Profession of Faith
(1st Sunday of Lent: Deuteronomy 26:4-10; Romans 10:8-13; Luke 4:1-13)
The harvest ritual prescribed by Moses includes a statement about God’s deliverance of his people from slavery. It takes the form of a historical record, but it is a profession of faith in the God who saves.
St. Paul invites us to affirm our faith: “If you confess with your mouth that Jesus is Lord and believe in your heart that God raised him from the dead, you will be saved.”
Faith, living faith, is the foundation of all Christian life. It is expressed in communitarian and personal ways. We see both at La Salette.
Lent, a communitarian tradition, has existed in the Church for many centuries. At the time of the Apparition, the penitential practices associated with this season were more rigorous than they are today, especially as regards fasting. In her discourse, Our Lady of La Salette referred directly to her people’s total disregard for this annual discipline.
As for the personal expression of faith, she spoke of the importance of prayer—nothing elaborate, but at least enough to maintain daily contact with God, at night and in the morning. More when possible.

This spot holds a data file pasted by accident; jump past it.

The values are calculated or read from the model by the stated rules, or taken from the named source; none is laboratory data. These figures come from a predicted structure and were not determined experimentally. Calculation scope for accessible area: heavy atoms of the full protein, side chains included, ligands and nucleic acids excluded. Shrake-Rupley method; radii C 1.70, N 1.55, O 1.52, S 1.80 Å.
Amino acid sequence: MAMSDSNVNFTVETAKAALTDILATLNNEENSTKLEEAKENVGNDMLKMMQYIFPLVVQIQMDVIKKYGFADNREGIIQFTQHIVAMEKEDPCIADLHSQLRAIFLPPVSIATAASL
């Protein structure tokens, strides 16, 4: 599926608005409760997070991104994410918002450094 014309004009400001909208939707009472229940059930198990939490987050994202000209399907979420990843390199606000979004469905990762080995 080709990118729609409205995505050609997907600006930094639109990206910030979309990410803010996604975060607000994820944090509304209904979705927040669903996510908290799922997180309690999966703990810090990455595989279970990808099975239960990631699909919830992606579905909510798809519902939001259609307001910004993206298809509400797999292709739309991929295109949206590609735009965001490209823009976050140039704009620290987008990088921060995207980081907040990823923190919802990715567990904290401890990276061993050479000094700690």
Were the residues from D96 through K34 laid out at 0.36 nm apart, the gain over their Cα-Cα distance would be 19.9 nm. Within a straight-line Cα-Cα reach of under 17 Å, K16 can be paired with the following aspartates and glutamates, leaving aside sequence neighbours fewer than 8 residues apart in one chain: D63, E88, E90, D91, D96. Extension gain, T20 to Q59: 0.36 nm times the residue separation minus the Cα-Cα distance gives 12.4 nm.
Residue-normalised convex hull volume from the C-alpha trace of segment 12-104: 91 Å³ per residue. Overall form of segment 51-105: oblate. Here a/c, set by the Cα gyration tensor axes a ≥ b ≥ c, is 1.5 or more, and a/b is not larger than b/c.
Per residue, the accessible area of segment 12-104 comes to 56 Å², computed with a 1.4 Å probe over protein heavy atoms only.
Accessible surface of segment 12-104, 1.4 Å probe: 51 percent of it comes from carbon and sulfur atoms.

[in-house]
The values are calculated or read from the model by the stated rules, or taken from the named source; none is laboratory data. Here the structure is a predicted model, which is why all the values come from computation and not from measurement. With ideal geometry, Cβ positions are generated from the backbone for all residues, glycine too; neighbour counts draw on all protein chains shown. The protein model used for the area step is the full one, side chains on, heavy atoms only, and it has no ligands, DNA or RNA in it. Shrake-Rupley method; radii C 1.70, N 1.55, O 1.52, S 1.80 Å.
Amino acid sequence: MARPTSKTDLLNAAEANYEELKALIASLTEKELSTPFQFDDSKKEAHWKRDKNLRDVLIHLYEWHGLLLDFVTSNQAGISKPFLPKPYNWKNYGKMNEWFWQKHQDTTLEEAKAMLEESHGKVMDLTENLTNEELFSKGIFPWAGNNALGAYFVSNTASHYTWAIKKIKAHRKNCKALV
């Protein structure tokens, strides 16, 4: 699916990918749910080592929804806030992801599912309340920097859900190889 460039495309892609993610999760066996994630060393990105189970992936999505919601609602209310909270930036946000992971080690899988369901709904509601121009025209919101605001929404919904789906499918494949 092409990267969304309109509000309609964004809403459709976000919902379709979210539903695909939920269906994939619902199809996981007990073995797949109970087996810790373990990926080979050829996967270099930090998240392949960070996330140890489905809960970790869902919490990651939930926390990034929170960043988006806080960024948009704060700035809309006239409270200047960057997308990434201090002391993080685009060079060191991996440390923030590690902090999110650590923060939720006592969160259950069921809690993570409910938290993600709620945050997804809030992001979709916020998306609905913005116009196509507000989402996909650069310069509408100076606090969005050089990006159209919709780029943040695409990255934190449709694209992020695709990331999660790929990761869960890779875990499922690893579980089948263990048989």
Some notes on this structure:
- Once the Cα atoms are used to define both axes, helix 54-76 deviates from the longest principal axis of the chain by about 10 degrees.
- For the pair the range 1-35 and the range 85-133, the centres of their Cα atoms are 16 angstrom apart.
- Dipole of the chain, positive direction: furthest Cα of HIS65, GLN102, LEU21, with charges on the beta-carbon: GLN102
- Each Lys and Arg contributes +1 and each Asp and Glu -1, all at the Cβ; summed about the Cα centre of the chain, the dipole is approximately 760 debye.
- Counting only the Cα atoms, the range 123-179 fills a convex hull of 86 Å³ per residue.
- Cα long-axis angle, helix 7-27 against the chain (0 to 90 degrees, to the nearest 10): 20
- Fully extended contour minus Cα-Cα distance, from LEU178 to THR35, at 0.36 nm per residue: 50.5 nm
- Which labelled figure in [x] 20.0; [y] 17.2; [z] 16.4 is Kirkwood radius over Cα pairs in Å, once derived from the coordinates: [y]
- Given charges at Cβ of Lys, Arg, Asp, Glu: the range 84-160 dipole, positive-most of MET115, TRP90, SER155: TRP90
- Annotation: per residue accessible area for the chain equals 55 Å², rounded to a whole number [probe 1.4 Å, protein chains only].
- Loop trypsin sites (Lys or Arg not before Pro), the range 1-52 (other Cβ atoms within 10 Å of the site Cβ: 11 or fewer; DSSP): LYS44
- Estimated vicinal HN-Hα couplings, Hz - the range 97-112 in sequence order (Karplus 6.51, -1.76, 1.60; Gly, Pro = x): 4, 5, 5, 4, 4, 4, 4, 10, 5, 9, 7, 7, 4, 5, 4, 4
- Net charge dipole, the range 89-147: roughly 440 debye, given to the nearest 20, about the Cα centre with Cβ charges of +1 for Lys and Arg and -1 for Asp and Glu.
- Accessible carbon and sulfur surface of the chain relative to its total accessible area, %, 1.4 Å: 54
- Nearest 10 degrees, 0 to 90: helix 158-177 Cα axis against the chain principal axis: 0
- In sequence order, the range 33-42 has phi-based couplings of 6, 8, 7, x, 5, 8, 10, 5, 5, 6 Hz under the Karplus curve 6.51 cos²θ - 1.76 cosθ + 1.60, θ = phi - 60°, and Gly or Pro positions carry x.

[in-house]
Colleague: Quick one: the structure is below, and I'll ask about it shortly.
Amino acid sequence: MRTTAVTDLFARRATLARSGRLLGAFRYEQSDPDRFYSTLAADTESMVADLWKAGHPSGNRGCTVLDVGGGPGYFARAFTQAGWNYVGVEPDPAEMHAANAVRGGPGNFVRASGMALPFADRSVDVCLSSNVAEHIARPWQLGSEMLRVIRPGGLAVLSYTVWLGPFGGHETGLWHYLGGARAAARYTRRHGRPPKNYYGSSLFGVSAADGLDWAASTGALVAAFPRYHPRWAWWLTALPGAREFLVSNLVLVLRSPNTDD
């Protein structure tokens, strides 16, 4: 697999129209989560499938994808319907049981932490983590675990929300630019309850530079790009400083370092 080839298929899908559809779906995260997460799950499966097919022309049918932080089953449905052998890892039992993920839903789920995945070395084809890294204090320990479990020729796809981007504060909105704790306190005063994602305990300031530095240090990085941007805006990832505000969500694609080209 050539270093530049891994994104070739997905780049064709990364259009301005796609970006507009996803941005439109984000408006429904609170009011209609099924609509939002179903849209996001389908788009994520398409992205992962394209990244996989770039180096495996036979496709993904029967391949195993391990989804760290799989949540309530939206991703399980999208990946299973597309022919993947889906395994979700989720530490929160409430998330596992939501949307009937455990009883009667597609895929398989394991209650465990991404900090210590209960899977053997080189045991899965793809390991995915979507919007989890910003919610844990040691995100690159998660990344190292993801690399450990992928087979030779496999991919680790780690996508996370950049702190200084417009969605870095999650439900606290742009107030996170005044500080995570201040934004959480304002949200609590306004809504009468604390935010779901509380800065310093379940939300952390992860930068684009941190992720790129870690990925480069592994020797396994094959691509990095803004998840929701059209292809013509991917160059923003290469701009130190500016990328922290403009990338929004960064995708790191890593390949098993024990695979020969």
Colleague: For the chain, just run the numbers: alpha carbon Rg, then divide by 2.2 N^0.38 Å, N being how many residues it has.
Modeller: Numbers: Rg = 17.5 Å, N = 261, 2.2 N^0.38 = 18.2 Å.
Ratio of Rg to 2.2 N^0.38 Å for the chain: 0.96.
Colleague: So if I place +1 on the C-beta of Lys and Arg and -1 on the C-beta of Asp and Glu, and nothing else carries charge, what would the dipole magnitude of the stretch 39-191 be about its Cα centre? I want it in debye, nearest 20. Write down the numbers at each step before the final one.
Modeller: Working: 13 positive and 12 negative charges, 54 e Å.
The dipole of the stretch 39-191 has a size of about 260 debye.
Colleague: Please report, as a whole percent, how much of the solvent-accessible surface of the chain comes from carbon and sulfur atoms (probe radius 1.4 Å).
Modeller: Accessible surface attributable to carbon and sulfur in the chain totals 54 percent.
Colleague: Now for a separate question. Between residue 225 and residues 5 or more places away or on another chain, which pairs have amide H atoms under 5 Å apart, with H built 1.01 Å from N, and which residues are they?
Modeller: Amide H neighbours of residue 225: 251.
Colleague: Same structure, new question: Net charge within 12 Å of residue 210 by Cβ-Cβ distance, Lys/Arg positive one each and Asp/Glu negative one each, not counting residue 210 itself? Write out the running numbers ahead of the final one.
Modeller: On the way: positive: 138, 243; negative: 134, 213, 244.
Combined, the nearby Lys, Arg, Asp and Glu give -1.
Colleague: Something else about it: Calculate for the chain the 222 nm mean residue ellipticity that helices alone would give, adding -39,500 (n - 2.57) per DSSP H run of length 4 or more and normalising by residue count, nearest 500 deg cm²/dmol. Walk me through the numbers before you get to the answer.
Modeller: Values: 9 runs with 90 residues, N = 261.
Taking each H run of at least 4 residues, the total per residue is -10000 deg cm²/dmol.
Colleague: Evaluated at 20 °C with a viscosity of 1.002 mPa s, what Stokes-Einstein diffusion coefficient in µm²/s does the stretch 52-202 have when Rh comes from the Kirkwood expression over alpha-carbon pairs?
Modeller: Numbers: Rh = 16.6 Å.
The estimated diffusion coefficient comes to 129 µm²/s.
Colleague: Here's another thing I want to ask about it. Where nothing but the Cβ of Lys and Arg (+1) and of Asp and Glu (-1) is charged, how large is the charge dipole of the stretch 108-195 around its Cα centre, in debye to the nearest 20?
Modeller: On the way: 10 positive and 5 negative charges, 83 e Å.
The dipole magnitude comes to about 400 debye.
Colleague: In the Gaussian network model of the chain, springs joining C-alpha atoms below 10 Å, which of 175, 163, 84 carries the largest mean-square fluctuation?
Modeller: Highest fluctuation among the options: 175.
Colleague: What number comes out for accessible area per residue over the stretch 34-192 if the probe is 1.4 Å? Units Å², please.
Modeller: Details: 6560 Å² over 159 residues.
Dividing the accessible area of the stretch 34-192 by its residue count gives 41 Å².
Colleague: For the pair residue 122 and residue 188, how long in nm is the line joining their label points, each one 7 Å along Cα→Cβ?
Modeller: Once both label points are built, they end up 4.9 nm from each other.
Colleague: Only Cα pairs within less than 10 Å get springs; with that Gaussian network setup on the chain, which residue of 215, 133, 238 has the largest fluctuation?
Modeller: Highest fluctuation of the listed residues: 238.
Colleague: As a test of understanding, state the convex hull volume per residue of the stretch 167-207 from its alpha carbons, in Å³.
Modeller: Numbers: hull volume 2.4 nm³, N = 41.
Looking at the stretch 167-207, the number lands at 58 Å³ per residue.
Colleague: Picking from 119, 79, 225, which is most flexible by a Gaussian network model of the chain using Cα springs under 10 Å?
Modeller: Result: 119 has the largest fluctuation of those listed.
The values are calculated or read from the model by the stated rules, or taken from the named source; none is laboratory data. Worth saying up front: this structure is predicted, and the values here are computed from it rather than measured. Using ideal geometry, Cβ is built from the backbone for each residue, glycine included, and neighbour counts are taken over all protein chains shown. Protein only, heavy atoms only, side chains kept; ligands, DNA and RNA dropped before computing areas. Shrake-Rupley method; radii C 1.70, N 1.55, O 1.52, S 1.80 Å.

Faith itself is communitarian, insofar as we share the same beliefs. It is personal, too, but not in the sense that we may choose what to believe and what not to believe. Rather, it acknowledges that each of us is unique and so we do not all respond with the same intensity to each aspect of our faith. For us who have a strong attachment to La Salette, for example, reconciliation, wherever it appears, resonates in a special way.
In fact, that is how these reflections are written, by listening to the echoes, back and forth, between Sacred Scripture and the event, message and mystery of La Salette.
Lent is a time to revive personal faith in the context of the faith of the Church, to remember that we do not live by bread (or meat) alone. Pay special attention to your inner response as you encounter the readings. You may discover a new depth in your relationship with Christ, a stronger challenge to live by his teaching, a deeper conviction in your profession of faith.